You wouldn’t buy a car from merely reading the manufacturer’s ads would you? If you live in Minnetrista in either the Mound Westonka or Watertown school district there is a very important vote on Tuesday: $Millions of dollars in school referendums that will impact you and your community for the next decade and beyond. I urge everyone to get information from sources other than the school districts promoting the referendums. These referendums are intentionally held in non-election years counting on low voter turnouts. Here is where you can vote on Tuesday, November 5:
Watch a representative from Ehlers, the city’s contracted financial advising firm, who gets paid to help cities borrow money, defend Minnetrista’s weak debt profile from Standard & Poors in this video from Monday night’s council meeting, rationalizing that because everyone else does it, it really isn’t a big deal. Well, of course a firm specializing in debt issuance would see it that way.
Minnetrista’s debt service is 18.6% of total government fund expenditures and that is high, according to Standard & Poors which isn’t a firm specializing in debt issuance. They specialize in evaluating the credit worthiness of organizations. Perhaps we should heed the assessment from S&P rather than go along with the don’t worry be happy advice from our debt issuance firm.
Because a city can just take the money out of constituents’ pockets it carries an obligation to make sure it manages debt responsibly. Even the Ehlers rep estimated Minnetrista would need to almost cut its debt service in half (reduce it to 10%) to change the S&P rating. Minnetrista needs to put the brakes on. Apparently so do a lot of other Minnesota cities.
Monday night’s discussion centered around refinancing some G.O. bonds and the city’s ratings relative to receiving favorable bids. Having a AA++ rating is a good thing and the city’s finances are strong partly because our residents are relatively affluent which translates into what they call a “high tax capacity” (there is plenty more to take) and there are funds stashed away in “special” funds that aren’t being used. But bond ratings are not the point here. Saddling future generations with debt that keeps growing is the point.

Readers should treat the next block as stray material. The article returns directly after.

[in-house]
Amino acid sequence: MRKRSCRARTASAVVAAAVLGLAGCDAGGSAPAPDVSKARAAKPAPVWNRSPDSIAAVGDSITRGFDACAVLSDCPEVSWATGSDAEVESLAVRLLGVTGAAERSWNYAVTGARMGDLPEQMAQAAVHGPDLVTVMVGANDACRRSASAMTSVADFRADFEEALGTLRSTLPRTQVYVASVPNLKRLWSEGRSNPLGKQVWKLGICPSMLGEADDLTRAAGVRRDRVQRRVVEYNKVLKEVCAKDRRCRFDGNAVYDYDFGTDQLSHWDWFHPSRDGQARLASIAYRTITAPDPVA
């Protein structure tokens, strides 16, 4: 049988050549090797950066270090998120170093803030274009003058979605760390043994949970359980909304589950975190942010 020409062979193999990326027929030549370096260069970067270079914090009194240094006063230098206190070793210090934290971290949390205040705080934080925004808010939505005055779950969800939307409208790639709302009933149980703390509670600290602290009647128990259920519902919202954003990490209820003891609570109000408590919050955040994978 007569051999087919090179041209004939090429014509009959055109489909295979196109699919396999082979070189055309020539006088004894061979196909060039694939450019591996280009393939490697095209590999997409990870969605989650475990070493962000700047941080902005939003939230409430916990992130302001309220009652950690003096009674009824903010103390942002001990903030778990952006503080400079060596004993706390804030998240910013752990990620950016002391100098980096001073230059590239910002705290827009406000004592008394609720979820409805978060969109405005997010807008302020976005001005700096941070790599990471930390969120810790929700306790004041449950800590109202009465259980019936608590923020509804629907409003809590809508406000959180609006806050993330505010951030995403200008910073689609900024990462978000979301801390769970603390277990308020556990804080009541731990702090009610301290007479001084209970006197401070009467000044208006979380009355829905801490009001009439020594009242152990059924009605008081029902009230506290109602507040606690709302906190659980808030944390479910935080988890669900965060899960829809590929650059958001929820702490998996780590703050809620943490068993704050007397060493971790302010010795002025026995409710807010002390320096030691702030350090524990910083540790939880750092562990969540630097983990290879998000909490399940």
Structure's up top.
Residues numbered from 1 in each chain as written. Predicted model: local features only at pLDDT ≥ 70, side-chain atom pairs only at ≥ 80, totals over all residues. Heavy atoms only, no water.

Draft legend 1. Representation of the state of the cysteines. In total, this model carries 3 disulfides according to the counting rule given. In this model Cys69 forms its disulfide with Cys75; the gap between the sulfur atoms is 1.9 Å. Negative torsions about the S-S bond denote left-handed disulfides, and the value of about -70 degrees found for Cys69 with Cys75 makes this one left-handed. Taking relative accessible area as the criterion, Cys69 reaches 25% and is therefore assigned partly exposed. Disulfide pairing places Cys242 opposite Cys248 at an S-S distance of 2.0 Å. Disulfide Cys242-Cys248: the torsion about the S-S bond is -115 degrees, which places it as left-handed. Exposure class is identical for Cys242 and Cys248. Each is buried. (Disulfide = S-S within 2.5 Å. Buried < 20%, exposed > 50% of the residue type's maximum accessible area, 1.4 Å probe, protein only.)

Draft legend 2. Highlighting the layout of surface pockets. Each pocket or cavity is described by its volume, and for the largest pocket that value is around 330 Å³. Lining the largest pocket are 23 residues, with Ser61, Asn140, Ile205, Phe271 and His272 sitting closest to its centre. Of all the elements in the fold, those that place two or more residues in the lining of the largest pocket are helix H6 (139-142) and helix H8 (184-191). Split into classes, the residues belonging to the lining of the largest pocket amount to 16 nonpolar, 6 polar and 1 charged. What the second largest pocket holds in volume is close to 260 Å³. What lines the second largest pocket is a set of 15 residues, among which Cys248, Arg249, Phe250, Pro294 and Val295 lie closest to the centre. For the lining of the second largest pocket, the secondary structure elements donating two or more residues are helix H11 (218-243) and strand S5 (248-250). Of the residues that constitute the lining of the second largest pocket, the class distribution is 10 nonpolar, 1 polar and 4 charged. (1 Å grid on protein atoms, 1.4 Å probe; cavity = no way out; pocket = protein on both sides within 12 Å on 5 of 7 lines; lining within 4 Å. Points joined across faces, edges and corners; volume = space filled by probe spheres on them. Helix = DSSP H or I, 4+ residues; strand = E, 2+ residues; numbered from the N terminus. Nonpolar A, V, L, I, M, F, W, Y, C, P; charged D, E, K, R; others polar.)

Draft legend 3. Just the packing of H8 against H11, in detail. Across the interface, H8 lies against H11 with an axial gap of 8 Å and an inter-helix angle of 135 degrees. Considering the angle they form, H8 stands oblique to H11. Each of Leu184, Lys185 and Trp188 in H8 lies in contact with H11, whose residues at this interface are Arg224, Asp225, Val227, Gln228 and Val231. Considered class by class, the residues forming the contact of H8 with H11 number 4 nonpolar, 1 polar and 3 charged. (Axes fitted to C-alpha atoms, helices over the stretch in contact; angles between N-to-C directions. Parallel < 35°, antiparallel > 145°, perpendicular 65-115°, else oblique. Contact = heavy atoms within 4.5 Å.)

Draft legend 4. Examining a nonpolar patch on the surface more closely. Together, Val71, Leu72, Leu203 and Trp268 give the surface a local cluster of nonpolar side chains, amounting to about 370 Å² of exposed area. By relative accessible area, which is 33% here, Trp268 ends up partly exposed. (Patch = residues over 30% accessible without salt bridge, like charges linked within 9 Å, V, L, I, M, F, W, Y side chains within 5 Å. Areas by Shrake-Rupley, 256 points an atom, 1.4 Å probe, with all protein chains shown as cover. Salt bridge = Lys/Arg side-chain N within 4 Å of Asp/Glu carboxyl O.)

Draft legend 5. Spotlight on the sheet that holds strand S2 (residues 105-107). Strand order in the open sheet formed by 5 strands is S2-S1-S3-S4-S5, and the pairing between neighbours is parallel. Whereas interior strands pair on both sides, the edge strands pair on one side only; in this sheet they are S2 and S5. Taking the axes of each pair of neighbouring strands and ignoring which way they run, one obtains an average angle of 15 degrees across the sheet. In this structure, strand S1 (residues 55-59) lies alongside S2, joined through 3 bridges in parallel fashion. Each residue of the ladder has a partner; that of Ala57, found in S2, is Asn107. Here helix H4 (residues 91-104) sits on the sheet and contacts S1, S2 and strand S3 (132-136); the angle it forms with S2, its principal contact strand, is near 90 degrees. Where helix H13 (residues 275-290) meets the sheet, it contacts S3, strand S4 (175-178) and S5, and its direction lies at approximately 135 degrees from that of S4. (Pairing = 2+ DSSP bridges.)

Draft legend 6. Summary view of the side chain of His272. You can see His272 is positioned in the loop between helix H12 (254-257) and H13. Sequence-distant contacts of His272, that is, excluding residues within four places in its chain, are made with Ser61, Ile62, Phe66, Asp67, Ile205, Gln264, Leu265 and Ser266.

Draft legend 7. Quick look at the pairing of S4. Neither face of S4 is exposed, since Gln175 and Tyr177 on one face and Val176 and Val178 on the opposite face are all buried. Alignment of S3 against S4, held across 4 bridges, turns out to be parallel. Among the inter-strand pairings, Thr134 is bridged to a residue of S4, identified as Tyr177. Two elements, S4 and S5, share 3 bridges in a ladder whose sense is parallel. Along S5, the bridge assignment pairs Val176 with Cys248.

The eight page Standard & Poors rating wasn’t in our council packet or available to the public prior to the meeting. I had to request a copy of the rating assessment to review prior to the meeting and asked that it be provided to the council. They had planned to hand it out during the council meeting. If residents would like a copy they can call city hall.
“There are three types of lies – lies, damn lies, and statistics.” – Benjamin Disrael
Local governments want more of your money but they want you to hand it over without a fight so they pull out statistics to convince taxpayers to open their wallets. Here are just a few things to look for to see if you’re being manipulated by the numbers.
Omissions: Leaving out something significant that, if known, would lead the reader to a different conclusion from the data presented:
- When a city, in an attempt to waylay fears of a tax increase, says their tax rate has stayed the same or is lower than it was before but neglects to reveal that your property valuation has increased substantially and, therefore, the amount you pay is going up.
- When the city tells you residents are willing to accept a property tax increase for road maintenance without telling you that 64% of Minnetrista residents indicated they opposed any property tax increase for roads in the community survey (see below).
Using percentages from a small sample size: When a survey uses an insignificant sample size, percentages will always be misleading:
Minnetrista’s community survey asks respondents if they would favor or oppose an increase in property taxes for city street repair/maintenance and 64% said they’d oppose an increase. A very small number (128 people out of 7,000 city residents) indicated they’d favor an increase. That subset of respondents (128 people) was questioned to see how much more they’d be willing to pay. When they indicated various amounts ($5-$30/mo) it was then repeated over and over again that, according to the community survey, the majority of people (which was actually just 118 people: 92% of the 128) are willing to accept an increase in their city property taxes for roads, when, in fact, 64% surveyed said they were opposed. Starting to get the picture of how this works?
Faulty polling: How questions are phrased can influence responses dramatically. A deceptive polling strategy is to precede a question with a narrative designed to prejudice the response or to omit (see above) important data qualifiers. The examples below use a combination of both omission and faulty polling strategies: